Nazzaro says that over the last decade, the OSS ecosystem has grown and matured to become an invaluable repository of “glueware”—all the things developers must do to make varied systems work together seamlessly within a technology stack. “There’s a lot of ingenuity and social capital that comes from gluing technologies together. It’s great that everyone can now share that IP with others throughout the marketplace. It’s good for companies, but also for developers.”
He encourages OSS contributions “because it gives developers the ability to create and contribute things outside their areas of responsibility,” he continues. “In a way, it turns their jobs into hobbies and vice versa. It also provides opportunities for internal developers with specific roles to contribute to projects in other areas. All of this has had a positive impact on employee retention.”
Nazzaro adds that contributing also gives IT talent access to experts in the OSS community—and a way to showcase their own expertise among their peers. “People want to work with good technologists,” he says. “When we announced a Kubernetes project recently, several individuals from outside Freddie Mac inquired within minutes about joining our team, which was remarkable.”
OSS is one of the tools in Freddie Mac’s digital transformation toolkit that can help IT talent approach their work in new ways. Indeed, it has helped them create a community culture that, Nazzaro says, supports more creative problem-solving. “Traditionally, the staff would provide me with a list of the things they were concerned about. But they are more empowered now, so I can approach potential problems differently. I say to my team, ‘Tell me all the things we have to do to make this work.’ This completely changes the way people design and look at problems.”12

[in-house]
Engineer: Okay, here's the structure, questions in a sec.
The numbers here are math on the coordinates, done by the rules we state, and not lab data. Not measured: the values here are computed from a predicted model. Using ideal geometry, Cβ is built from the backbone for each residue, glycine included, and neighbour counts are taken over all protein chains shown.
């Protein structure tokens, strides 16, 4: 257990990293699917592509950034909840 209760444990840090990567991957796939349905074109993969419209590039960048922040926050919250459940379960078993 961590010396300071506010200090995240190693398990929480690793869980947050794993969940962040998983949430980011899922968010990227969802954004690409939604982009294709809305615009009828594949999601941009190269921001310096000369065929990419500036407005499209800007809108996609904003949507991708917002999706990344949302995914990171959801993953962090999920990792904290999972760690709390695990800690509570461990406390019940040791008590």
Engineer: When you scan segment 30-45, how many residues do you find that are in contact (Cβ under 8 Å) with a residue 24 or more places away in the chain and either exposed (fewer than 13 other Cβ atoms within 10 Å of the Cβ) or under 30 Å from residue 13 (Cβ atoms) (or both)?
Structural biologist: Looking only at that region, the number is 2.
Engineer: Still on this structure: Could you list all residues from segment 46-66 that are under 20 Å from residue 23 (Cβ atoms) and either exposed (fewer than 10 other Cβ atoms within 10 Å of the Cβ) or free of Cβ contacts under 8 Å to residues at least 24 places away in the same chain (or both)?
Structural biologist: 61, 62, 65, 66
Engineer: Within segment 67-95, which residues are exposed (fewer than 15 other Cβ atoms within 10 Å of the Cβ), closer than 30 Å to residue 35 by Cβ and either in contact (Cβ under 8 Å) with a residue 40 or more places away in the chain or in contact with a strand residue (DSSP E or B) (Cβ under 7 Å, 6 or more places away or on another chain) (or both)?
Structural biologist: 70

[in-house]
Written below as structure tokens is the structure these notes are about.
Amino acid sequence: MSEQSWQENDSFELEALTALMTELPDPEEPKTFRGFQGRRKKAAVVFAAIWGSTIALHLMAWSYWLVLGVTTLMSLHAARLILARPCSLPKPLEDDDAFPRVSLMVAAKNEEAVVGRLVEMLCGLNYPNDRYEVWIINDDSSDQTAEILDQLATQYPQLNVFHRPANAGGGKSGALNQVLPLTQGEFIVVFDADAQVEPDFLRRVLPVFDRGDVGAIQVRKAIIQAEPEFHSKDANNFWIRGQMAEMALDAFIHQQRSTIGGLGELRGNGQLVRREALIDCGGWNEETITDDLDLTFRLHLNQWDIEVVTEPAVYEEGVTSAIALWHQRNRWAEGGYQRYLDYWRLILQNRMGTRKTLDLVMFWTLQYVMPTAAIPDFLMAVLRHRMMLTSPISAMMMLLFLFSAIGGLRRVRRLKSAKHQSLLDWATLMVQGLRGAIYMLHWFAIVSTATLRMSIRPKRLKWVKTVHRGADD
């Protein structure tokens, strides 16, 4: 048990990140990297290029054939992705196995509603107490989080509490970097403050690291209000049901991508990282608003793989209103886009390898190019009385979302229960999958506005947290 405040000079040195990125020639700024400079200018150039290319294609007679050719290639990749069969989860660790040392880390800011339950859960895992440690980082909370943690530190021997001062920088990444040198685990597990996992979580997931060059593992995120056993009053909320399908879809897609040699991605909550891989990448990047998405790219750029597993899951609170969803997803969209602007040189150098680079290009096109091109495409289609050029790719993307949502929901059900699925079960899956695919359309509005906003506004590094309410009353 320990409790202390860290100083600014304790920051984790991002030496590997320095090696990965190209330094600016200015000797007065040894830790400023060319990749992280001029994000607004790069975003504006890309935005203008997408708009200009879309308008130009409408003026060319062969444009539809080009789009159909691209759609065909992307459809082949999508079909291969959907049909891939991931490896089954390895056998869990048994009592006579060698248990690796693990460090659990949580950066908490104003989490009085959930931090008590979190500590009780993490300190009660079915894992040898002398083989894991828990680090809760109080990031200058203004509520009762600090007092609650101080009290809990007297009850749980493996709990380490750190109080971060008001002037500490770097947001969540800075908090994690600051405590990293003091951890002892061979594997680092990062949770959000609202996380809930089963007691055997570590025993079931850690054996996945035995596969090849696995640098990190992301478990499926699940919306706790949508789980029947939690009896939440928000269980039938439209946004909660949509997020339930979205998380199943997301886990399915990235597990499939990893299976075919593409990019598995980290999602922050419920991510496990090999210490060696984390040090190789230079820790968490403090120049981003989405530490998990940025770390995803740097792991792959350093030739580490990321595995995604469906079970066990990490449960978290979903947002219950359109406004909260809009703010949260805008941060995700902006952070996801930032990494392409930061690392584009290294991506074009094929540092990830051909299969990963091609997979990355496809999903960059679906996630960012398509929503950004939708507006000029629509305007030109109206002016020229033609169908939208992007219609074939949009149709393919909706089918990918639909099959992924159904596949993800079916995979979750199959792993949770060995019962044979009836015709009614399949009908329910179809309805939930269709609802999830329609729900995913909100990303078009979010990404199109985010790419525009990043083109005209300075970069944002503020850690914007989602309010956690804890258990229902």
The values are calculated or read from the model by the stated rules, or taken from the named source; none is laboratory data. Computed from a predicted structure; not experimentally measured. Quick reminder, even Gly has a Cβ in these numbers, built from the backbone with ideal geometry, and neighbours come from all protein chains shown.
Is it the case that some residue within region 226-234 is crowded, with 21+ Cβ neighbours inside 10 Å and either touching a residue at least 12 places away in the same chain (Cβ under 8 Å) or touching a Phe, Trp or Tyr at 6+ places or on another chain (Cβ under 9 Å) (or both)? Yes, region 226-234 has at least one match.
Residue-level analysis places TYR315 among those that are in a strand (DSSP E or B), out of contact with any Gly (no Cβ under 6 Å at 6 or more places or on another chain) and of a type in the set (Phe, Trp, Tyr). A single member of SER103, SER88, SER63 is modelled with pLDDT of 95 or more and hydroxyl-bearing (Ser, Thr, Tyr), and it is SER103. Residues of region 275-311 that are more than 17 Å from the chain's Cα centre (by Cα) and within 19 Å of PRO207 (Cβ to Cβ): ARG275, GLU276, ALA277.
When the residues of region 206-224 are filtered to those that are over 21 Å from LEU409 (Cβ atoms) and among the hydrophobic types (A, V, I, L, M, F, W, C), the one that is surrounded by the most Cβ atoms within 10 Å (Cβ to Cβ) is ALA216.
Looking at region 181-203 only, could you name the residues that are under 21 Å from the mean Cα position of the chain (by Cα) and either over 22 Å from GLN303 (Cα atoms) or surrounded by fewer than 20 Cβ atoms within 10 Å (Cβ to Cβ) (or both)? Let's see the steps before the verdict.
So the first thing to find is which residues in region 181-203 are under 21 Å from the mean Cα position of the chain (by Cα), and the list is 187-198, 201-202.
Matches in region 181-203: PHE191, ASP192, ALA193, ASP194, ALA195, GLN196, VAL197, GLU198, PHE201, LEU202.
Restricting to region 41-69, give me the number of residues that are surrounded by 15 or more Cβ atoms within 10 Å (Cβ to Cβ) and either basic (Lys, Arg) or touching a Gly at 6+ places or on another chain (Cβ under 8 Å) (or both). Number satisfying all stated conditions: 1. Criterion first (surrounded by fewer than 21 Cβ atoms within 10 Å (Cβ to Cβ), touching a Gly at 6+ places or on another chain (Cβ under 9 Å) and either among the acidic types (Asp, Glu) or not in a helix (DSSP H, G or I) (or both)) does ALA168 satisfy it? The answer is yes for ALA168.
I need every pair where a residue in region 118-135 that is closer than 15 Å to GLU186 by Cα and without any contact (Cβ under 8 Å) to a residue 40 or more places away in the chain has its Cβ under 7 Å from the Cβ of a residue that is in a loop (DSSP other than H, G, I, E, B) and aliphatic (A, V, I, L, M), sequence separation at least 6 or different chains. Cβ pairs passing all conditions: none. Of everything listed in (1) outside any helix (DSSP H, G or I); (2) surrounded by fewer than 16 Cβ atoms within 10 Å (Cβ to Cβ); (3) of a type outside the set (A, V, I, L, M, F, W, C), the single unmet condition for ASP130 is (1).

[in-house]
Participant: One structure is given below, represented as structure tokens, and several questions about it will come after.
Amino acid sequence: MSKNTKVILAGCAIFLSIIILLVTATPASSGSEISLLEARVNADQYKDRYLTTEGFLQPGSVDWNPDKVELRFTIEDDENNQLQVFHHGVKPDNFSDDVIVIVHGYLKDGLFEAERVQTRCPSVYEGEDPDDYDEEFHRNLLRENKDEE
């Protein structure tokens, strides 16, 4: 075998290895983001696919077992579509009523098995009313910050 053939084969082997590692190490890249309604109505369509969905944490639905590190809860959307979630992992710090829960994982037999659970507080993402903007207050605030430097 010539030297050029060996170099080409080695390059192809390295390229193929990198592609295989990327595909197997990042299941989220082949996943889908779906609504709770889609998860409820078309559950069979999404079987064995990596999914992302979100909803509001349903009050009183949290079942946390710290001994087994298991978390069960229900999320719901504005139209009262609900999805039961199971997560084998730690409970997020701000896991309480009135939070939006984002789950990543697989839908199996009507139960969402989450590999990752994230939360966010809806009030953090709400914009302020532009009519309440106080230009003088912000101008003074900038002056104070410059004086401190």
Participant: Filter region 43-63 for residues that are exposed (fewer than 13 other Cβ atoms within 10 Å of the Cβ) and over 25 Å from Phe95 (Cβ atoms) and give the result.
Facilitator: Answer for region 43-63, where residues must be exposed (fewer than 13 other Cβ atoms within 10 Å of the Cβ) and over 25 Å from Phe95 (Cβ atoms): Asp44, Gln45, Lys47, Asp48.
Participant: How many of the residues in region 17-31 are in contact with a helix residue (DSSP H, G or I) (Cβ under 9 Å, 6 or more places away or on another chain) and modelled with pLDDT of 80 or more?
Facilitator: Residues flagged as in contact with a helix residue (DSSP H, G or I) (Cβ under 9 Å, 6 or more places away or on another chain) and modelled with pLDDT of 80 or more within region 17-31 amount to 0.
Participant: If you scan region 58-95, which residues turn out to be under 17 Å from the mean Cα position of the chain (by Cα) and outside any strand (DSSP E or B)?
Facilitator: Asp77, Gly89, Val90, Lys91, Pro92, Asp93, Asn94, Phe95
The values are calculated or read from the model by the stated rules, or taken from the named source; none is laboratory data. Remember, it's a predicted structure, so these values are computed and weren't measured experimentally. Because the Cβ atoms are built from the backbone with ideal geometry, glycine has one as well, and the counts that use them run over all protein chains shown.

Many open source projects focus on programming frameworks. From the early model–view–controller days of Apache Struts to today’s collection of Java Spring, Ruby on Rails, Django, AngularJS, and Vert.x, these frameworks are born out of necessity. For larger projects, the open source community needs structure and enforcement of good practices—for example, separation of concerns, isolation, and abstraction. Frameworks serve these purposes and drive efficiencies and consistency. Organizations of all sizes can leverage them to harvest the very same benefits.
In this context, standardization of operability and interoperability (for example, JSON or XML) represents another major benefit. Open source is driving open standards that need implementation, while open standards encourage broader adoption of loosely coupled systems using contract-based interfaces and APIs.
Key takeaway: If every company today is a technology company, bolstering engineering and architecture should be high on priority lists. Instead of inventing standards and frameworks, OSS can provide a foundation—embodying best practices and accelerating efforts to stand up modern development capabilities.
Yes, OSS can provide access to trending technology domains. And sure, talented developers are clamoring to be part of it all. But one question remains: Can IT departments count on OSS software being any good?